Our program is sponsored by the Korean government (Ministry of Education, Science and Technology) and it is managed by a government organization in charge of training and cultivating international human resources and providing scholarships for exchange students (National Institute for International Education. The government's priority is to maintain quality education for future generations. The Korean government understands the value of providing immersion education that is authentic; so while keeping a national curriculum, they support this with a program such as TaLK.
Tell us a little about the TaLK program?
How many interns has the TaLK program had?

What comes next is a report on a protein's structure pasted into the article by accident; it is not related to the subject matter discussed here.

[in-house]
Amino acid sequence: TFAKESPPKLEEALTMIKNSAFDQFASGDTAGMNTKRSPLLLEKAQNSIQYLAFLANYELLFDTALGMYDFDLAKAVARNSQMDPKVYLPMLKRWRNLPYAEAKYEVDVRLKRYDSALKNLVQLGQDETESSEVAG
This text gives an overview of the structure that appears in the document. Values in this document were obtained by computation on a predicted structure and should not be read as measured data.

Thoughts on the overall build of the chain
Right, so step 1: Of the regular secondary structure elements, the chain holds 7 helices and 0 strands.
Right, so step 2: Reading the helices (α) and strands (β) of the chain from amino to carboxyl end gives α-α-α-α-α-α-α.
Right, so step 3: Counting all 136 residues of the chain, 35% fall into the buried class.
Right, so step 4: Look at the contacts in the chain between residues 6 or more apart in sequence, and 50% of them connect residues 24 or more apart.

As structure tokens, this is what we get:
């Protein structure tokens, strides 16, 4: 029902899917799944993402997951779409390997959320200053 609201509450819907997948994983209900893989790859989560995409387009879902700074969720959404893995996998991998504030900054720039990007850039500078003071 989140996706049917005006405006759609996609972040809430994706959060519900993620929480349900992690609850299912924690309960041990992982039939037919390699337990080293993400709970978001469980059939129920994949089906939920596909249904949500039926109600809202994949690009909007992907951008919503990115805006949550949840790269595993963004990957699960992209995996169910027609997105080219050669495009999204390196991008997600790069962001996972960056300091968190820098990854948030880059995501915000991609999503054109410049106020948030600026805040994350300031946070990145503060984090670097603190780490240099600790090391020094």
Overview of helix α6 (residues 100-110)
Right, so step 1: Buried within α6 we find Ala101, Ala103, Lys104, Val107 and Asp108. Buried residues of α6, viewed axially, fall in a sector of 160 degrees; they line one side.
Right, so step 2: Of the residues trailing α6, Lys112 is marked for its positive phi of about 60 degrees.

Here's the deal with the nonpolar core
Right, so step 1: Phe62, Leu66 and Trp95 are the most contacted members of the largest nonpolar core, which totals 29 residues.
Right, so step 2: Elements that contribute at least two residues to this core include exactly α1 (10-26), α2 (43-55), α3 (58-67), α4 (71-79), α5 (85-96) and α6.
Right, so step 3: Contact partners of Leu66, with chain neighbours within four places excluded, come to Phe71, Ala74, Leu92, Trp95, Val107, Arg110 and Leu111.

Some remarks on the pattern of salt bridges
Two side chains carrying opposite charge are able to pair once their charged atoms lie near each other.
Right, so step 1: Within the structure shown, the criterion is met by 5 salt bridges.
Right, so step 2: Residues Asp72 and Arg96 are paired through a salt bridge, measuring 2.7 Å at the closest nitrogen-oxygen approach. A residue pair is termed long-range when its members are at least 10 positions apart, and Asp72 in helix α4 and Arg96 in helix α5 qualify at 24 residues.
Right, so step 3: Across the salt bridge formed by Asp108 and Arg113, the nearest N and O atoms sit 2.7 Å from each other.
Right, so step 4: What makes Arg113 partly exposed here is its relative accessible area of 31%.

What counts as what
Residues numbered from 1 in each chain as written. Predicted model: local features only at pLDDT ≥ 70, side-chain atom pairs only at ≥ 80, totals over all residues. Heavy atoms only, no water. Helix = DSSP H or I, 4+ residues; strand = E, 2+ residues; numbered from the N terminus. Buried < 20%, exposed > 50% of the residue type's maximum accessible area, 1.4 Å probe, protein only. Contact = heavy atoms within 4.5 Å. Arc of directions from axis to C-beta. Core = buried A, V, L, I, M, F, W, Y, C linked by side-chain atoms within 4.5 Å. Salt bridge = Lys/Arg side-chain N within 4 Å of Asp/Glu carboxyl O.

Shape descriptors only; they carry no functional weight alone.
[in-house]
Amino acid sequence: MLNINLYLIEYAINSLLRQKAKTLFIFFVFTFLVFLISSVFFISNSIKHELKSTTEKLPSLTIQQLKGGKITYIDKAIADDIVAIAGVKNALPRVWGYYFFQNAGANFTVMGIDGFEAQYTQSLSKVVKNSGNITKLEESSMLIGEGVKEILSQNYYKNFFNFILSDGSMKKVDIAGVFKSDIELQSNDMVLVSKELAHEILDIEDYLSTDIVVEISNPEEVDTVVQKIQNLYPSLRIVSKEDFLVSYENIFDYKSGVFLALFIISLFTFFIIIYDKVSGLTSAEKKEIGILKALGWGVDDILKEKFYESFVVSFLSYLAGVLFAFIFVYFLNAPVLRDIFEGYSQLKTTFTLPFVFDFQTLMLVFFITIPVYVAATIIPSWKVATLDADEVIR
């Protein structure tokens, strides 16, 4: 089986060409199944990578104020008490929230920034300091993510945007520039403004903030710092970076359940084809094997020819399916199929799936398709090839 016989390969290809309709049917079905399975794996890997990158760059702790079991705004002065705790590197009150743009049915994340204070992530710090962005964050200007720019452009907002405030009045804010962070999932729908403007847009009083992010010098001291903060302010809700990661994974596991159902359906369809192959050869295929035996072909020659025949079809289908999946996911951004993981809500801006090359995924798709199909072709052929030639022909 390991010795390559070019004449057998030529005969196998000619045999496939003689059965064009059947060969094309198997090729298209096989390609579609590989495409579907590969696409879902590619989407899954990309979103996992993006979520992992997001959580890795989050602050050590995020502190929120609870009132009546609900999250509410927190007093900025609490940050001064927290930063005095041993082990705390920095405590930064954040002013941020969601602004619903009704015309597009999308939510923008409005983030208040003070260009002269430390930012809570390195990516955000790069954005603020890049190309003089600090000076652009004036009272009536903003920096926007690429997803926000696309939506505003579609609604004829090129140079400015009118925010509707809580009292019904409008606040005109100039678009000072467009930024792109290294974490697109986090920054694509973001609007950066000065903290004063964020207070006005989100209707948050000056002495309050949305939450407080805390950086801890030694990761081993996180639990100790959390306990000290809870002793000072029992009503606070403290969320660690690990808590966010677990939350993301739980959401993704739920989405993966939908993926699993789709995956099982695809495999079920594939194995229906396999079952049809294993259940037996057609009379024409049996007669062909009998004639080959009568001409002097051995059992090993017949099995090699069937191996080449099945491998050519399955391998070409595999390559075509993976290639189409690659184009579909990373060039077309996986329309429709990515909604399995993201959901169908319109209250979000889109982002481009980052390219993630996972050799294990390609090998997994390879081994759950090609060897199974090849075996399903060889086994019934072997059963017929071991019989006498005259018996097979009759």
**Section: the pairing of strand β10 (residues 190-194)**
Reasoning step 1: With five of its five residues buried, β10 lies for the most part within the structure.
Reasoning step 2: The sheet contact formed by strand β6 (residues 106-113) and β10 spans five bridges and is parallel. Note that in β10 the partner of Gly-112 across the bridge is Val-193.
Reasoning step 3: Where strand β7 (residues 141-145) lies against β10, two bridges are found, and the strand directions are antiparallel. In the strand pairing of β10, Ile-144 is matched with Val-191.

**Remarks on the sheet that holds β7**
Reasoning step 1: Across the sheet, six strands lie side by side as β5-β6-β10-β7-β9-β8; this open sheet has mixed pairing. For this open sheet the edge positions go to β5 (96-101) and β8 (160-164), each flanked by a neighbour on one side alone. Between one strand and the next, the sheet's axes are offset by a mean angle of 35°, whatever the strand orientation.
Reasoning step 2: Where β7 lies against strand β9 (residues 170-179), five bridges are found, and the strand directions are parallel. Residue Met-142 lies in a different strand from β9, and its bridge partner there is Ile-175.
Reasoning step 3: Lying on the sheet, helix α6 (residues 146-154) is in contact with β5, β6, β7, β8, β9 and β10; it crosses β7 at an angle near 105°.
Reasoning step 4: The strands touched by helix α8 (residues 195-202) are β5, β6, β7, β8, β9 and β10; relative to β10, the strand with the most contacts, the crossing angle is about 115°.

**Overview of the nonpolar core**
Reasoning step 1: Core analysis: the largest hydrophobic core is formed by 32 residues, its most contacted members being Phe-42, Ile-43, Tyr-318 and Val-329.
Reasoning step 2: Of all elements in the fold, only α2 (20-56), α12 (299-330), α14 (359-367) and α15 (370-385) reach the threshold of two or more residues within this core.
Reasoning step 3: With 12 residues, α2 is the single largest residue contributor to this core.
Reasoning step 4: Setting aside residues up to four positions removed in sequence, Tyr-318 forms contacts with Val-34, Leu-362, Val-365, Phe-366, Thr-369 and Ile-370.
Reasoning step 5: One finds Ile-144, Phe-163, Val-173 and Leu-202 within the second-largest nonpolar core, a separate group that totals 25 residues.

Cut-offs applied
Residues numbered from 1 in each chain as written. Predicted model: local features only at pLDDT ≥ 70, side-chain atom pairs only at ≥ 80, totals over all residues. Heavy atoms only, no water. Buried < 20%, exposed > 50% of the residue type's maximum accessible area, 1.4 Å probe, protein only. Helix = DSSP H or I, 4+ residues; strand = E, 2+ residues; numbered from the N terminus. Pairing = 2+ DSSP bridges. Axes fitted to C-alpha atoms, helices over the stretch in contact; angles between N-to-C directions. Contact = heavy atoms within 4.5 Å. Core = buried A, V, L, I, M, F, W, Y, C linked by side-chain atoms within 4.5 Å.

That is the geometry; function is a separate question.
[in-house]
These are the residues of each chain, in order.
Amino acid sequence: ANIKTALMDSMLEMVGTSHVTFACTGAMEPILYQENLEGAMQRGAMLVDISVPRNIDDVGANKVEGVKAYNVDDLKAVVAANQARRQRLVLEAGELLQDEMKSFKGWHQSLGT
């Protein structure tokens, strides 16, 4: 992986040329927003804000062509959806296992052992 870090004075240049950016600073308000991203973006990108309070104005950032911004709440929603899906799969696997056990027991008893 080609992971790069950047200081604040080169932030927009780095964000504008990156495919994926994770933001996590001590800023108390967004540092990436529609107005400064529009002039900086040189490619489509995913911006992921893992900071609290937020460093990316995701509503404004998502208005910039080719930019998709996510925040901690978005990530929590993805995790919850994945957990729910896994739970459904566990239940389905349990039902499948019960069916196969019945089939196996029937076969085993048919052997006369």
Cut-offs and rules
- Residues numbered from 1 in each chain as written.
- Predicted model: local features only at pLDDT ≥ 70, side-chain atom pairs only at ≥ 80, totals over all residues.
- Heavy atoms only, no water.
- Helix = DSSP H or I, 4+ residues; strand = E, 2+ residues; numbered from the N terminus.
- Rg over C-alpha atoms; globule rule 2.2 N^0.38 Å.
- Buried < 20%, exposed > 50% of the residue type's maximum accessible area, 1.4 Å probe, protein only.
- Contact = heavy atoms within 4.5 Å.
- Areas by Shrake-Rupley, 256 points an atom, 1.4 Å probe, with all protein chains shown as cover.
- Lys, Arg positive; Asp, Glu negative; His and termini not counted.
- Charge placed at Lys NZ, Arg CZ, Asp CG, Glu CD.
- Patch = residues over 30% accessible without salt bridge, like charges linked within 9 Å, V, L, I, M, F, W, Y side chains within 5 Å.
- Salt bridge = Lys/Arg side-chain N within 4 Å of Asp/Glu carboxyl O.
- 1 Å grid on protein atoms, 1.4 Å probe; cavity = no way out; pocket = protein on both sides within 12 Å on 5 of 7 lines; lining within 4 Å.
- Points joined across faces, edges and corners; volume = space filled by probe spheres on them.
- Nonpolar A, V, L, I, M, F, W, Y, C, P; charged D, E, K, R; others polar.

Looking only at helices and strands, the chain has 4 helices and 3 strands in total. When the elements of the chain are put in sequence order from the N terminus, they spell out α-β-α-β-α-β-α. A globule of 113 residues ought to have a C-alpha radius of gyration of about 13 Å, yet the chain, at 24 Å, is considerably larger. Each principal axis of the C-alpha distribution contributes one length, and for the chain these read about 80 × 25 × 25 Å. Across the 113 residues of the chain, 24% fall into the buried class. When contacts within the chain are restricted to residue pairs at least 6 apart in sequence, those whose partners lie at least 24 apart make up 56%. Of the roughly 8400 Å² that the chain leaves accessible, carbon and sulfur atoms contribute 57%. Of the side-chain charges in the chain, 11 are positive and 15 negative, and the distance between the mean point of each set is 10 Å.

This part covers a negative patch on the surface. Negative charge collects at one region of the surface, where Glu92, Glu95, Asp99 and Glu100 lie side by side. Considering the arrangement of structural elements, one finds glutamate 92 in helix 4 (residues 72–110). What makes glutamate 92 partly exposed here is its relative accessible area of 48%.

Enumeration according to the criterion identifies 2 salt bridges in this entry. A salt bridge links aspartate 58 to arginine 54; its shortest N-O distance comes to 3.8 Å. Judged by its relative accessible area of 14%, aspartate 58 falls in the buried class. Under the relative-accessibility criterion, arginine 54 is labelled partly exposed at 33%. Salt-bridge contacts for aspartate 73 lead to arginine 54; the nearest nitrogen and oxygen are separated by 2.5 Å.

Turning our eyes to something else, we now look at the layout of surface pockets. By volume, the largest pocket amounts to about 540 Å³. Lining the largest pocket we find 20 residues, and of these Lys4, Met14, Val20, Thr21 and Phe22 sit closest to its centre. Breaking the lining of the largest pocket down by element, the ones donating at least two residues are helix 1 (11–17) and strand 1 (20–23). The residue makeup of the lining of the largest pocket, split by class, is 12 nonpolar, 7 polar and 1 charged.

The TaLK program trains successful program applicants twice a year (once in February, once in August) and generally accepts about 250 new participants every time [500/year]. We have over 1,200 TaLK scholars who have successfully completed their service in Korea and have returned home with a Korean government scholarship certificate.
What growth have you seen in the need for and recruitment of English-speaking volunteers in Korea?
TaLK has become more competitive since 2008 and this is evident in the rising number of applicants that we have every semester (and the high retention rate of our current participants who want to hold on to their positions at their designated elementary schools).